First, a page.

v1.2, 27 Feb 2000
This document describes how to use the framebuffer devices in Linux with a variety of platforms. This also includes how to set up multi-headed displays.
What is a framebuffer device?
What advantages does framebuffer devices have?
Using framebuffer devices on Intel platforms
5.1 What is vesafb?
5.2 How do I activate the vesafb drivers?
5.3 What VESA modes are available to me?
5.4 Got a Matrox card?
5.5 Got a Permedia card?
5.6 Got a ATI card?
5.7 Which graphic cards are VESA 2.0 compliant?
5.8 Can I make vesafb as a module?
5.9 How do I modify the cursor?
Using framebuffer devices on Atari m68k platforms
6.1 What modes are available on Atari m68k platforms?
6.2 Additional suboptions on Atari m68k platforms
6.3 Using the internal suboption on Atari m68k platforms
6.4 Using the external suboption on Atari m68k platforms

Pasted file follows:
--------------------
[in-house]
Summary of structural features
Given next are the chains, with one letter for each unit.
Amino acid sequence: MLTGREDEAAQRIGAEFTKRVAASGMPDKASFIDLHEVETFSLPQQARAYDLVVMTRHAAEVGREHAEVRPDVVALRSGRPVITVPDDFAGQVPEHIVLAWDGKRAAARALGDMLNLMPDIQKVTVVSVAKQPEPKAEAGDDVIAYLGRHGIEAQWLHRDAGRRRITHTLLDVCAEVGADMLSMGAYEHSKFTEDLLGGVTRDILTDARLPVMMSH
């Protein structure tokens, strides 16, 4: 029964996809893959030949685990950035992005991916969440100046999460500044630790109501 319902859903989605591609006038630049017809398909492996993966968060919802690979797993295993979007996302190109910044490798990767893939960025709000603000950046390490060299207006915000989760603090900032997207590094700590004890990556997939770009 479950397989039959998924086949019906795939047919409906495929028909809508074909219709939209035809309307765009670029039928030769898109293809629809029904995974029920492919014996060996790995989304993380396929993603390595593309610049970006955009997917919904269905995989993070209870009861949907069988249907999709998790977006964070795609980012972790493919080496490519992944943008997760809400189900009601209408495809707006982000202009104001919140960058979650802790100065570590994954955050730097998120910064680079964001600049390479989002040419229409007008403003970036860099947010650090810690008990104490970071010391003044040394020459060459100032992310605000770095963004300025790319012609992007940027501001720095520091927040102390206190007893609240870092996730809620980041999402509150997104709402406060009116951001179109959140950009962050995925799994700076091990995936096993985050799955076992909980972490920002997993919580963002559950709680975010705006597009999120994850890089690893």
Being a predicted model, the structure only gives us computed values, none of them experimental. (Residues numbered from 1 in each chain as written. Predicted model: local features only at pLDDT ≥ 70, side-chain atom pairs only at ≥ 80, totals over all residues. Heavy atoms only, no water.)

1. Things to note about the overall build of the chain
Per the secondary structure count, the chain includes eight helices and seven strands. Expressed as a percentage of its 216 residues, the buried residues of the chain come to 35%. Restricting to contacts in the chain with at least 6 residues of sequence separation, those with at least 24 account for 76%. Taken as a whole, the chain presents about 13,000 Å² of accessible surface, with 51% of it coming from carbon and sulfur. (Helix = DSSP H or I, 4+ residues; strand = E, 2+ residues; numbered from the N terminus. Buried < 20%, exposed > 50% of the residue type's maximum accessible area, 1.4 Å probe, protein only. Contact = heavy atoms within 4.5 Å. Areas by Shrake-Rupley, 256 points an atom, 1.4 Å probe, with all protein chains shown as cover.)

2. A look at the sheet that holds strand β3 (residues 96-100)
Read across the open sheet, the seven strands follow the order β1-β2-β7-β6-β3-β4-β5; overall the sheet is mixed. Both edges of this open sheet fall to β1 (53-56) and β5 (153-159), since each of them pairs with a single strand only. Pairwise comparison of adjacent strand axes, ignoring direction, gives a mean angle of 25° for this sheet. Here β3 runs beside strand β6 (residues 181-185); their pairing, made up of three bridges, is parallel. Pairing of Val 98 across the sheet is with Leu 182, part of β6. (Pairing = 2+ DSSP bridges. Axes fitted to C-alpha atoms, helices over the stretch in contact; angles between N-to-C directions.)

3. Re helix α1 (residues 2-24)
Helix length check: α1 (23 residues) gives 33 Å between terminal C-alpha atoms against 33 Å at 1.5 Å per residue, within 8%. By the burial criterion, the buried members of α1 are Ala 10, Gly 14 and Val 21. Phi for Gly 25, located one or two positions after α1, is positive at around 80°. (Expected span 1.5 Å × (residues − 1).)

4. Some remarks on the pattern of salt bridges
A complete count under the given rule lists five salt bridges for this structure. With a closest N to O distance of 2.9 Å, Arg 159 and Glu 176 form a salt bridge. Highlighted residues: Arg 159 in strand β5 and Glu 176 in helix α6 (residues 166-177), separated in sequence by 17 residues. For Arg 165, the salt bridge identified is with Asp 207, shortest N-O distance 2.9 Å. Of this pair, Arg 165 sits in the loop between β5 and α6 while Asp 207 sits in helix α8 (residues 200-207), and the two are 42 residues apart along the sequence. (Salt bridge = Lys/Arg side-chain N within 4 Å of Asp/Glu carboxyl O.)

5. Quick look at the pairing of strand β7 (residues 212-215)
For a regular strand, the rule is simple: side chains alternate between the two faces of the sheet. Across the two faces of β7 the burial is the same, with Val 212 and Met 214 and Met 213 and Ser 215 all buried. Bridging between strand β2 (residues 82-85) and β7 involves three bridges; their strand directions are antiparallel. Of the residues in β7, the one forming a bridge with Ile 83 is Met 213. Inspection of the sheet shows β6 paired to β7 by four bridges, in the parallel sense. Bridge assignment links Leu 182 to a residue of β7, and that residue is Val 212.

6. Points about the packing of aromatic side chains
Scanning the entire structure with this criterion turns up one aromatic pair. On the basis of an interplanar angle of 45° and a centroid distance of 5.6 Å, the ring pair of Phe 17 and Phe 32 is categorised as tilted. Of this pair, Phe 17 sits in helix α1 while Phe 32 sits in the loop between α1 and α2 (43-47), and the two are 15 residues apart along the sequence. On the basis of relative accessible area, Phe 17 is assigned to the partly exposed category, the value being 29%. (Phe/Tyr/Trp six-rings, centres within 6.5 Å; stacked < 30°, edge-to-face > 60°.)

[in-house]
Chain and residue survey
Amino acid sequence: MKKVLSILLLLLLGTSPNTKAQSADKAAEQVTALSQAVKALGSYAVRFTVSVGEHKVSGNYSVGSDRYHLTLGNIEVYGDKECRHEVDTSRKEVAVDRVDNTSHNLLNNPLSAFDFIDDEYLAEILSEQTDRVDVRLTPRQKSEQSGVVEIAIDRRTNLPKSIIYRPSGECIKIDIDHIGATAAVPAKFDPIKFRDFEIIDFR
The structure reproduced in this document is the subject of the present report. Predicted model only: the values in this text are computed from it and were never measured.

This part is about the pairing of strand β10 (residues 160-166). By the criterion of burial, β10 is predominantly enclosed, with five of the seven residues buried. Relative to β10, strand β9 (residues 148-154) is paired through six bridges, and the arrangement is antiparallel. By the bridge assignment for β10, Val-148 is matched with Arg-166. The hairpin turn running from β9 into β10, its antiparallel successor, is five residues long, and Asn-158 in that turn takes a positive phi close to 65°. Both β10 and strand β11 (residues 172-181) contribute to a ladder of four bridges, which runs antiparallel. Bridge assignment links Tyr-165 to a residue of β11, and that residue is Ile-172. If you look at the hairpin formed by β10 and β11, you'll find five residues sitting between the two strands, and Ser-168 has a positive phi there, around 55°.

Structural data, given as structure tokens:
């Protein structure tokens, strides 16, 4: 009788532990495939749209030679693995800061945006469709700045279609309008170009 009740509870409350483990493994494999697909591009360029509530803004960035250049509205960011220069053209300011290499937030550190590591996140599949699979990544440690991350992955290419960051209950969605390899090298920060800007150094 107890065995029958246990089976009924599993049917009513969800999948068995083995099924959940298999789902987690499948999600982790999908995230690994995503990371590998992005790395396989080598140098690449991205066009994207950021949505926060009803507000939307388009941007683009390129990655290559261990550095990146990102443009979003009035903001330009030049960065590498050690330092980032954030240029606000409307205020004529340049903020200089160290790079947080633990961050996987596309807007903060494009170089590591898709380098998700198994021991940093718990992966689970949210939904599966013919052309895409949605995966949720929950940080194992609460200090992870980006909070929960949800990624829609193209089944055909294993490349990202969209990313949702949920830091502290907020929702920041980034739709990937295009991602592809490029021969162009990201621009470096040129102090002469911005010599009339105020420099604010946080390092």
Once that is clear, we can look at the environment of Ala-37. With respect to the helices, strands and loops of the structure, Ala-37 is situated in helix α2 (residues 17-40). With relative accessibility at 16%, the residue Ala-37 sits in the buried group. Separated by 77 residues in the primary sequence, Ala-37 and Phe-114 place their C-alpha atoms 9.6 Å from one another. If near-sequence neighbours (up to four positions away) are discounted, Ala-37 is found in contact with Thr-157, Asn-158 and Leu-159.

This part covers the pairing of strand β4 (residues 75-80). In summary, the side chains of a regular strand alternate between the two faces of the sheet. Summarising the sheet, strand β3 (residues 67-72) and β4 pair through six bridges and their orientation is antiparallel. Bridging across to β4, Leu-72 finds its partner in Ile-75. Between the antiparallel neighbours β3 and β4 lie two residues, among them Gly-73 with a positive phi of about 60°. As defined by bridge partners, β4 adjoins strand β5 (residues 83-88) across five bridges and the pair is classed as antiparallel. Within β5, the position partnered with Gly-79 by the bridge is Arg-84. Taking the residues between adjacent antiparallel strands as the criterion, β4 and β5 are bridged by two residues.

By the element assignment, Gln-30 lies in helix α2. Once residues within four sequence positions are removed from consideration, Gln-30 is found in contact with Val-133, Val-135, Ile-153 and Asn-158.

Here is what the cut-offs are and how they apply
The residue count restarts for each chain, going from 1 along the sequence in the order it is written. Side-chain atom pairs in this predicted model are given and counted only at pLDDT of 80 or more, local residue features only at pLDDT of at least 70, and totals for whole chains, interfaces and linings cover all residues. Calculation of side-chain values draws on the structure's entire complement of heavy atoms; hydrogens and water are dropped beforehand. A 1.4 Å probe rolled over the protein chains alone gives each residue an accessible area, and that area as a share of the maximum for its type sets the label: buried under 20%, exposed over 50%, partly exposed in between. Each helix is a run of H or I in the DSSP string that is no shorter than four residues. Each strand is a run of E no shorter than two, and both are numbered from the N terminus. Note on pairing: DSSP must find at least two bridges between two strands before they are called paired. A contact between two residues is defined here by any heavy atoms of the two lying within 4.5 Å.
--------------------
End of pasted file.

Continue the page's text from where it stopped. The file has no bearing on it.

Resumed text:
Using framebuffer devices on Amiga m68k platforms
7.1 What modes are available for Amiga m68k platforms?
7.2 Additional suboptions on Amiga m68k platforms
7.3 Supported Amiga graphic expansion boards
Using framebuffer devices on Macintosh m68k platforms
Using framebuffer devices on PowerPC platforms
Using framebuffer devices on Alpha platforms
10.1 What modes are available to me?
10.2 Which graphic cards can work with the frambuffer device?
Using framebuffer devices on SPARC platforms
11.1 Which graphic cards can work with the framebuffer device?
11.2 Configuring the framebuffer devices
Using framebuffer devices on MIPS platforms
Using framebuffer devices on ARM platforms
13.2 Acorn Archimedes
13.3 Other ARM ports (SA 7110s et. al)
Using multi-headed framebuffers
14.4 Standard Disclaimer
14.5 Copyright Information
14.6 What hardware is supported?
14.7 Commercial support
14.8 Getting all the stuff.
14.9 Getting Started
14.11 Other Notes and Problems
Changing console modes
Setting up the X11 FBdev driver
How do I convert XFree86 mode-lines into framebuffer device timings?
Changing the Linux logo
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Generated: 2007-01-26 17:58:28